Major traffic shift coming to I-90 east of Snoqualmie Pass
It likely won’t have the same impact as the recent closure of westbound Interstate 90 over the weekend, but a significant change is about to happen on I-90 east of Snoqualmie Pass.
Westbound I-90 drivers have been watching the preparations for this change for months. It’s hard to miss a new two-lane stretch of freeway carved into what used to be rocks, dirt, and trees down Easton Hill.
The new lanes are next to the existing westbound lanes, separated by a jersey barrier. The road then peels away from the westbound lanes and snakes its way over the eastbound direction at the bottom of the hill.
Summer Derrey of the Washington State Department of Transportation (WSDOT) said cars will be sharing that side of the freeway shortly.
“We’re going to move the eastbound lanes over to the westbound side soon, likely early next week,” Derrey said. “That will be a two-mile traffic shift through that area, and that will be in effect for a couple of years.”
WSDOT is widening six more miles of I-90 to go with the eight miles it already expanded from Snoqualmie Pass.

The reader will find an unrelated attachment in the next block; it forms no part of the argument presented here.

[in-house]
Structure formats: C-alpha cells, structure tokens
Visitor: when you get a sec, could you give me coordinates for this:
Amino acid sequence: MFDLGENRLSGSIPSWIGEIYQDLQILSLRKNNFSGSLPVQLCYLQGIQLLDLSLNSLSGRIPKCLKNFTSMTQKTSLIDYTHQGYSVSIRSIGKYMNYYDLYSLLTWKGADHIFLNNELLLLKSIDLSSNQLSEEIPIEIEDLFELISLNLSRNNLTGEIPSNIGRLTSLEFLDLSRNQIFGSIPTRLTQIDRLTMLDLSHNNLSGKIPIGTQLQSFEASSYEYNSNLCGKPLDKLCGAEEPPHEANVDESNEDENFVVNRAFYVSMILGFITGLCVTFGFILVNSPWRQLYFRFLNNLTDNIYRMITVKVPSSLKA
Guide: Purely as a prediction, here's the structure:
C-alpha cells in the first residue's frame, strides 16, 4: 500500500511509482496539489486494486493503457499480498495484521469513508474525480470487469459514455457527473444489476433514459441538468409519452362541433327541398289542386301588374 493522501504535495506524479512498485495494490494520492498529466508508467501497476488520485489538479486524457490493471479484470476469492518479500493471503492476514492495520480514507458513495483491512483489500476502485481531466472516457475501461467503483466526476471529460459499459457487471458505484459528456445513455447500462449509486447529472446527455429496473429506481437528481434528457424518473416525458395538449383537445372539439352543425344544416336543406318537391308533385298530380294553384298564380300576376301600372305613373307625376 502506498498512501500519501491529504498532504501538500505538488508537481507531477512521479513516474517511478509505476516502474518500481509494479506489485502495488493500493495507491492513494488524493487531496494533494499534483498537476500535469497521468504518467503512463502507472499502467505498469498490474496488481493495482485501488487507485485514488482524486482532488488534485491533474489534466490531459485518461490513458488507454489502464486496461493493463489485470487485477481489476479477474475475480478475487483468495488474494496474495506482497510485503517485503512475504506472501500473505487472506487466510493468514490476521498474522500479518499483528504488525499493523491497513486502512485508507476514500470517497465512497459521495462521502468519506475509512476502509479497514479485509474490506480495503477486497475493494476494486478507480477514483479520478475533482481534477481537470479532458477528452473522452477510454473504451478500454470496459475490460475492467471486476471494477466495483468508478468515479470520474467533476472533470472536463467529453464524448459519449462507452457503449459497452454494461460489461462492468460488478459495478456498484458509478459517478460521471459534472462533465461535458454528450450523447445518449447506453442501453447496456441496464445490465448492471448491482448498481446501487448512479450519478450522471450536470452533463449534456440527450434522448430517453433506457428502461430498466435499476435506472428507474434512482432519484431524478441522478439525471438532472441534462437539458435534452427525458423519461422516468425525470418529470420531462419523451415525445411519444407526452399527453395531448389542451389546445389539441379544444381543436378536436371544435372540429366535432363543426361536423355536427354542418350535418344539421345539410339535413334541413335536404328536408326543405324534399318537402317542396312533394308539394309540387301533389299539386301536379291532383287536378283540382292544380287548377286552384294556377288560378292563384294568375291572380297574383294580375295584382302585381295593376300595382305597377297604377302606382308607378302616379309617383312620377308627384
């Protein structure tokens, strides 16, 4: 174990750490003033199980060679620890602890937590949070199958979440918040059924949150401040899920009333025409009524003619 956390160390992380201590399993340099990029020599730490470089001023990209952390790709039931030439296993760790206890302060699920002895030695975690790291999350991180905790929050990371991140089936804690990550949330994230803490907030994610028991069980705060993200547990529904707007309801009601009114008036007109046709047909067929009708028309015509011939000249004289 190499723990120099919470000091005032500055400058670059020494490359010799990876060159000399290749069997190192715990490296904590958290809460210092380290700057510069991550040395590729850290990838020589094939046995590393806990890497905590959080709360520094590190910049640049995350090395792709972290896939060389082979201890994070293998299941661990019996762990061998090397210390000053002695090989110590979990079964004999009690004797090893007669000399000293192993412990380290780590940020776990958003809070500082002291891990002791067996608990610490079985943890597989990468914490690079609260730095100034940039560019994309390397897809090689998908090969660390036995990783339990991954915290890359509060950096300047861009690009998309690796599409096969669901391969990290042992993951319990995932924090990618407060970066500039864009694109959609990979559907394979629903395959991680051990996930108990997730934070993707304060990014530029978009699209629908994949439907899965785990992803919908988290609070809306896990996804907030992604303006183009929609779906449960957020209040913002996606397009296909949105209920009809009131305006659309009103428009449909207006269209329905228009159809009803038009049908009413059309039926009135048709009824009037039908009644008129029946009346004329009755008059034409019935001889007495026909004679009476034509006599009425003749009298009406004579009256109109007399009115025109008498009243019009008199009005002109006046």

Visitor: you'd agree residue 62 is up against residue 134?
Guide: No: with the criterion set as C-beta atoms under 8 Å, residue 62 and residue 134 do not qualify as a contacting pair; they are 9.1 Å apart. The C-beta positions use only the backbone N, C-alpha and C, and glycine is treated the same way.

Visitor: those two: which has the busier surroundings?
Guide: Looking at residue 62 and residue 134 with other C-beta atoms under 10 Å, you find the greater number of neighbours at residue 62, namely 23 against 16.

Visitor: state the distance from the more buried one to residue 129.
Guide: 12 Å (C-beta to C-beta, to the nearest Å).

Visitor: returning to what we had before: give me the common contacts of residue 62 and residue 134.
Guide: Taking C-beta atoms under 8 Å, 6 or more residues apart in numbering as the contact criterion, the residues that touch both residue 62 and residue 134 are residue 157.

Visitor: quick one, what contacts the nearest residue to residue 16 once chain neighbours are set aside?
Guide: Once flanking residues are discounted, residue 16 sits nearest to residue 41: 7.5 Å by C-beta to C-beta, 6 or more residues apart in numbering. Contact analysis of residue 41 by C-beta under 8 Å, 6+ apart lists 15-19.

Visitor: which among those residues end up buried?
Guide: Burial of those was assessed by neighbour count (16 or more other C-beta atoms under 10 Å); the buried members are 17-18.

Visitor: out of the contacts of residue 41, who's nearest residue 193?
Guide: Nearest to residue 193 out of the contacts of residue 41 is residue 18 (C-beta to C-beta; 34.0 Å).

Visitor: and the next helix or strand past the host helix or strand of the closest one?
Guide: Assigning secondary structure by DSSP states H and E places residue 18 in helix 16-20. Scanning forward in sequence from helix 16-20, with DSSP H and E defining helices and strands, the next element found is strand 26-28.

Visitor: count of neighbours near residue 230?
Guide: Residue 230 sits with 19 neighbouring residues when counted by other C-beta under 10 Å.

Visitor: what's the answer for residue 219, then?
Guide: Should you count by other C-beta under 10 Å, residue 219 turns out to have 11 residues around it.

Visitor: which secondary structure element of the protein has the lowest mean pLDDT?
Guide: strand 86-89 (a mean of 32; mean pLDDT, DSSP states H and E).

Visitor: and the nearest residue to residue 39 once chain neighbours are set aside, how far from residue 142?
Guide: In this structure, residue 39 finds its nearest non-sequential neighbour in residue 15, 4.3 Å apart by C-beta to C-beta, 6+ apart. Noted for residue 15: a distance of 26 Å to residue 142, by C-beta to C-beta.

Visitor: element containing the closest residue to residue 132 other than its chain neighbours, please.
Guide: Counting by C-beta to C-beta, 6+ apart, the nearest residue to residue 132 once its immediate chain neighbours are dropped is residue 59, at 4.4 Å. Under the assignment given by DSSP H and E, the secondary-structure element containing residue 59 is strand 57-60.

Derrey said it shouldn’t be too big of an issue for drivers, but driving in the oncoming direction of the freeway can take some getting used to.
“Just follow the detour signs and reduce your speeds through the work zone,” she said.
This shift will likely remain in place for four or five years since only about half the year is available for construction.
“The reason why we are shifting traffic through this area is so we can work quicker, for sure,” Derrey said.
This is the third phase of the widening project from Snoqualmie Pass to Cle Elum, and it will include another wildlife overcrossing near the Easton Hill.
What’s odd about this project is that the widening will not begin right where I-90 goes down to two lanes, just east of the first wildlife crossing. It’s actually starting about two miles away, leaving a gap where the road will go from three lanes in each direction to two and then back to three.
There are many more environmental issues and concerns in that two-mile section which requires much more study and permitting. WSDOT didn’t want to wait for that, so it’s jumping ahead a few miles to work on what it can.
Watch for that lane shift sometime next week.
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